By Afshein “Ash” Ghezelbash
The revolution in manufacturing is here. Undoubtedly, 3D printing is fast, cheap, and will revolutionize the way we manufacture objects. In essence, 3D printing is a process in which raw material is layered into three-dimensional shapes. Common applications include toys, footwear, jewelry, kitchenware, architecture, engineering and construction, automotive, aerospace, dental and medical devices. Even human organs today are being constructed from scratch using 3D printers. But this is just the beginning of how 3D printing can change the way we conduct business. The technology is available, but companies and organizations around the world have yet to discover the full potential of 3D printing. With that said, the question for future users of 3D printing remains the same: who can regulate what should and should not be printed?
Printing a non-static piece has become very easy. A 3D printer uses CAD designs to extrude thin threads of material, such as plastic, into layers that add up to precisely shaped 3D objects. 3D printers are extremely accurate; the machine practically produces the commands it receives with close to perfect precision. Literally, millions of people can download the software to produce 3D printed objects. Thus, the amount of files is so large that anyone who wants a design can download one. It is very easy to find a file on the internet and send it to your 3D printer.
However, 3D printers are often subtly different. Thus, if a user gets a design file from another user, it may require modification to print correctly. A user can adjust or modify printing settings to eventually create the intended object. Blueprints and designs are available through open-source websites.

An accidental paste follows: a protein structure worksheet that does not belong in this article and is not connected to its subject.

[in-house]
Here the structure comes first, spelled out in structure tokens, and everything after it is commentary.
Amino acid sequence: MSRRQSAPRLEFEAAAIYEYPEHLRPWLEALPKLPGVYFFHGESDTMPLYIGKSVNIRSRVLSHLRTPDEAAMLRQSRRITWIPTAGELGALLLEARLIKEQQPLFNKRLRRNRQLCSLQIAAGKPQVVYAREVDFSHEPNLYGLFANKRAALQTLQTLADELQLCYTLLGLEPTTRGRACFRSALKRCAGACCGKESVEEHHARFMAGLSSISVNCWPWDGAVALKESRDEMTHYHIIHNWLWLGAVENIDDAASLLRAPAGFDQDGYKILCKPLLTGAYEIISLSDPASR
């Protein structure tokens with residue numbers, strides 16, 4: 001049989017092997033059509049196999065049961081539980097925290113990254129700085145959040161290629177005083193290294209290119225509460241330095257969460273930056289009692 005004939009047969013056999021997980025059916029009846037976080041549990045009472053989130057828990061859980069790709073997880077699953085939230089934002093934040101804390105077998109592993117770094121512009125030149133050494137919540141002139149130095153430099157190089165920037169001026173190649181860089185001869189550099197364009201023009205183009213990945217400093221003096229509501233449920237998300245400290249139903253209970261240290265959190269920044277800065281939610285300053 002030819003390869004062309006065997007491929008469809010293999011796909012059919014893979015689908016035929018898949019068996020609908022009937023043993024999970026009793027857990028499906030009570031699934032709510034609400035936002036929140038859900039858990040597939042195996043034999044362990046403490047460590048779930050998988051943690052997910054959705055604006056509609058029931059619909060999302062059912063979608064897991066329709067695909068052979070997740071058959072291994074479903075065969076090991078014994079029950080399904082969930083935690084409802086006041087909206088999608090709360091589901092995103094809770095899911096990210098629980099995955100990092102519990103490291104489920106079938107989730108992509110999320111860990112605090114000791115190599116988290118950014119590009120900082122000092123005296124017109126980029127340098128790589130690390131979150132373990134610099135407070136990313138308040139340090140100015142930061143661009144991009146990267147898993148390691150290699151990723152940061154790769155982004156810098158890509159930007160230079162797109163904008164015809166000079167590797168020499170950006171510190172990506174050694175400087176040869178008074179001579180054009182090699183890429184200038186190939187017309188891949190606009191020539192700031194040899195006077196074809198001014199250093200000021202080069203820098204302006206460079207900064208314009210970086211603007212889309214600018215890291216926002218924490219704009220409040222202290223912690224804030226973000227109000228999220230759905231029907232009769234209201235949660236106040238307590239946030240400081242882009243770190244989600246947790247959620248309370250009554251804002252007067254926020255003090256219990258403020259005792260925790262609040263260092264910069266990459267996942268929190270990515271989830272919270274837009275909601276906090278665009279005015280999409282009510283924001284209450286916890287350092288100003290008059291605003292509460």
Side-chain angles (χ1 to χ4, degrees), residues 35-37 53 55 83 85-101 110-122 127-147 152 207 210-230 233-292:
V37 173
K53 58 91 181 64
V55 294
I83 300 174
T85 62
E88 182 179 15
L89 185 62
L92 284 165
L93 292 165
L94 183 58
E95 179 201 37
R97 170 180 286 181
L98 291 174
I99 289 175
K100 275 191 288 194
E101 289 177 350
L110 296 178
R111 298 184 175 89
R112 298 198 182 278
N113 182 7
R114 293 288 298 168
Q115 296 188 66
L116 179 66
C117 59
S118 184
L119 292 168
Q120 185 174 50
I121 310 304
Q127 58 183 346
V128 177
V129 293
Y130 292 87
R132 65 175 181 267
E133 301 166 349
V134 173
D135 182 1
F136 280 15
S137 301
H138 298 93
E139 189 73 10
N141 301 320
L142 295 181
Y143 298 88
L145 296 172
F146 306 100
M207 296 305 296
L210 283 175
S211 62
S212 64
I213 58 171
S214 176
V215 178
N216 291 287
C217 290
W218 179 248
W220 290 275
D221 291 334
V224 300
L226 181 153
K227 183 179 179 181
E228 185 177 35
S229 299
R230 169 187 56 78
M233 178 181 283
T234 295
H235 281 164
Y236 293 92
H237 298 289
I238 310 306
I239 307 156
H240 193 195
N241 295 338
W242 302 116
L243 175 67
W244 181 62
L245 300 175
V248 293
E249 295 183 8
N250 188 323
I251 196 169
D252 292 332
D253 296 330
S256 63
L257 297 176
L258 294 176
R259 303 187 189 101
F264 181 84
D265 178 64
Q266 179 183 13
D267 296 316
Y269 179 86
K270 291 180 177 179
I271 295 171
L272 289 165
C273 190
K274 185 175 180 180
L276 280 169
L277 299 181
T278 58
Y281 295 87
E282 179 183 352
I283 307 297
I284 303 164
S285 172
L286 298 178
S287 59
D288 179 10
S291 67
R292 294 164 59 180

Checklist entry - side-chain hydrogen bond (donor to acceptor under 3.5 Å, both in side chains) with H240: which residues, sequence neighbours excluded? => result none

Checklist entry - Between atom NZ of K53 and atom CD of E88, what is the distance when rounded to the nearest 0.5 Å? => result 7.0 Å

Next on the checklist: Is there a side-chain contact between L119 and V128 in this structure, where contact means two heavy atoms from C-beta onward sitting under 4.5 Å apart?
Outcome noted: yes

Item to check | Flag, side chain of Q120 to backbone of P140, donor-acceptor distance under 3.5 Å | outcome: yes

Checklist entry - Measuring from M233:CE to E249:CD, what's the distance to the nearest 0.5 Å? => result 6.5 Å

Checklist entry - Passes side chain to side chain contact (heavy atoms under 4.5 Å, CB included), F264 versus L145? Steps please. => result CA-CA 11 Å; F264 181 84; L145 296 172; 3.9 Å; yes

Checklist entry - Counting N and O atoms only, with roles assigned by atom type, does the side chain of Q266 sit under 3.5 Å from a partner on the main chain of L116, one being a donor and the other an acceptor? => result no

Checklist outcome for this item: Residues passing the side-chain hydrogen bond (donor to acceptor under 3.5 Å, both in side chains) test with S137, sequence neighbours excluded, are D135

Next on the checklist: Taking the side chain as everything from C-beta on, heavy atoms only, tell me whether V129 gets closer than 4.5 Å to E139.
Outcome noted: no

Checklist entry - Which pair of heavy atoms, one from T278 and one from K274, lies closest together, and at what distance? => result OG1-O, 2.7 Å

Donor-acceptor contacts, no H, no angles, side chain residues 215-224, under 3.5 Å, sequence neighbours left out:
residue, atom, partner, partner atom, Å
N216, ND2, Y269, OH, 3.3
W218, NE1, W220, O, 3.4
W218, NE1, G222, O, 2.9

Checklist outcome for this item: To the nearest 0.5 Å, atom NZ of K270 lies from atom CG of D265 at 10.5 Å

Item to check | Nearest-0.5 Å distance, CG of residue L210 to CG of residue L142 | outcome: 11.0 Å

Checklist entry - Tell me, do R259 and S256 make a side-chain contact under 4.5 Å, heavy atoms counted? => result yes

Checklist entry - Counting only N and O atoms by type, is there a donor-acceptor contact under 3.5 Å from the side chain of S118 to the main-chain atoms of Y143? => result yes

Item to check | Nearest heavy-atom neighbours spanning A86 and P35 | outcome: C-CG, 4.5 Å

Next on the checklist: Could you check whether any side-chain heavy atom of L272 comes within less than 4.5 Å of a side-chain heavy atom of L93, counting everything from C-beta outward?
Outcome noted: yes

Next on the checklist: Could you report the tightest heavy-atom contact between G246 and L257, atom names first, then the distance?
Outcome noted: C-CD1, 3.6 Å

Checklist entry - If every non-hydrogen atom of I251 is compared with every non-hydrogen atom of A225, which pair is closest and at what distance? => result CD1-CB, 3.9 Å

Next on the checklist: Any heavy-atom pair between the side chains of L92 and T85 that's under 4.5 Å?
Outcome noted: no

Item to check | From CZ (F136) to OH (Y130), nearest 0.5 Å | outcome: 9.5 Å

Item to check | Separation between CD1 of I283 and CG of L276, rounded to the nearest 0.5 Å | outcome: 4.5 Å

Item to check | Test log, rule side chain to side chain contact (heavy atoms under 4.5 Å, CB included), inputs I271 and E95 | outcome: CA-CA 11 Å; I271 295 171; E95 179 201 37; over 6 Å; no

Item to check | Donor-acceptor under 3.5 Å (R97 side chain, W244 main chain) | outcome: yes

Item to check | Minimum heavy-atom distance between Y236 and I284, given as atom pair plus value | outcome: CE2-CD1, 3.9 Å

Without regulations, 3D printing creates potential problems with infringement and ethical concerns because of how quickly and easily designs can be distributed. Companies and patent holders are at risk of being infringed. Not everyone is comfortable that the ability to print such a vast array of products can come so easy to users who seek out this technology. Soon enough individuals will be able to generate their own digital data sets on PCs and print products using their own personal printers. This capability could make enforcing patents very difficult for patent holders. Now, in addition to protecting their physical product, companies should also beware of digital infringement as well. Without proper preemptive measures, 3D printing stands to revolutionize existing economic models which depend on artificial scarcity, intellectual property, copyright, patentable objects, and regulation from all aspects. On one hand, transferring and uploading 3D printing files has become incredibly easy for those who seek to find them. But on the other hand, it has become very difficult for the government to enforce restrictions, resulting in an increase in digital infringement.
Industries, especially healthcare, medical devices, biochemical, manufacturing, and technology, are all susceptible to the possible outburst of a limitless world of 3D printing. It is time that the USPTO take careful consideration of the impact this technology can have. Companies and industries can be completely taken out of business without proactive action from a government regulatory standpoint. The time is now. Particularly in certain fields, including but not limited to biotechnology and life sciences, developers of this technology should consider the implications of 3D printing and seek different ways to protect technologies and products. Also, the government should establish laws to quickly take down infringing 3D files and place injunctions on those infringing on protected technologies.
Any opinions expressed are opinions of the author and don’t express the views of Stein IP LLC.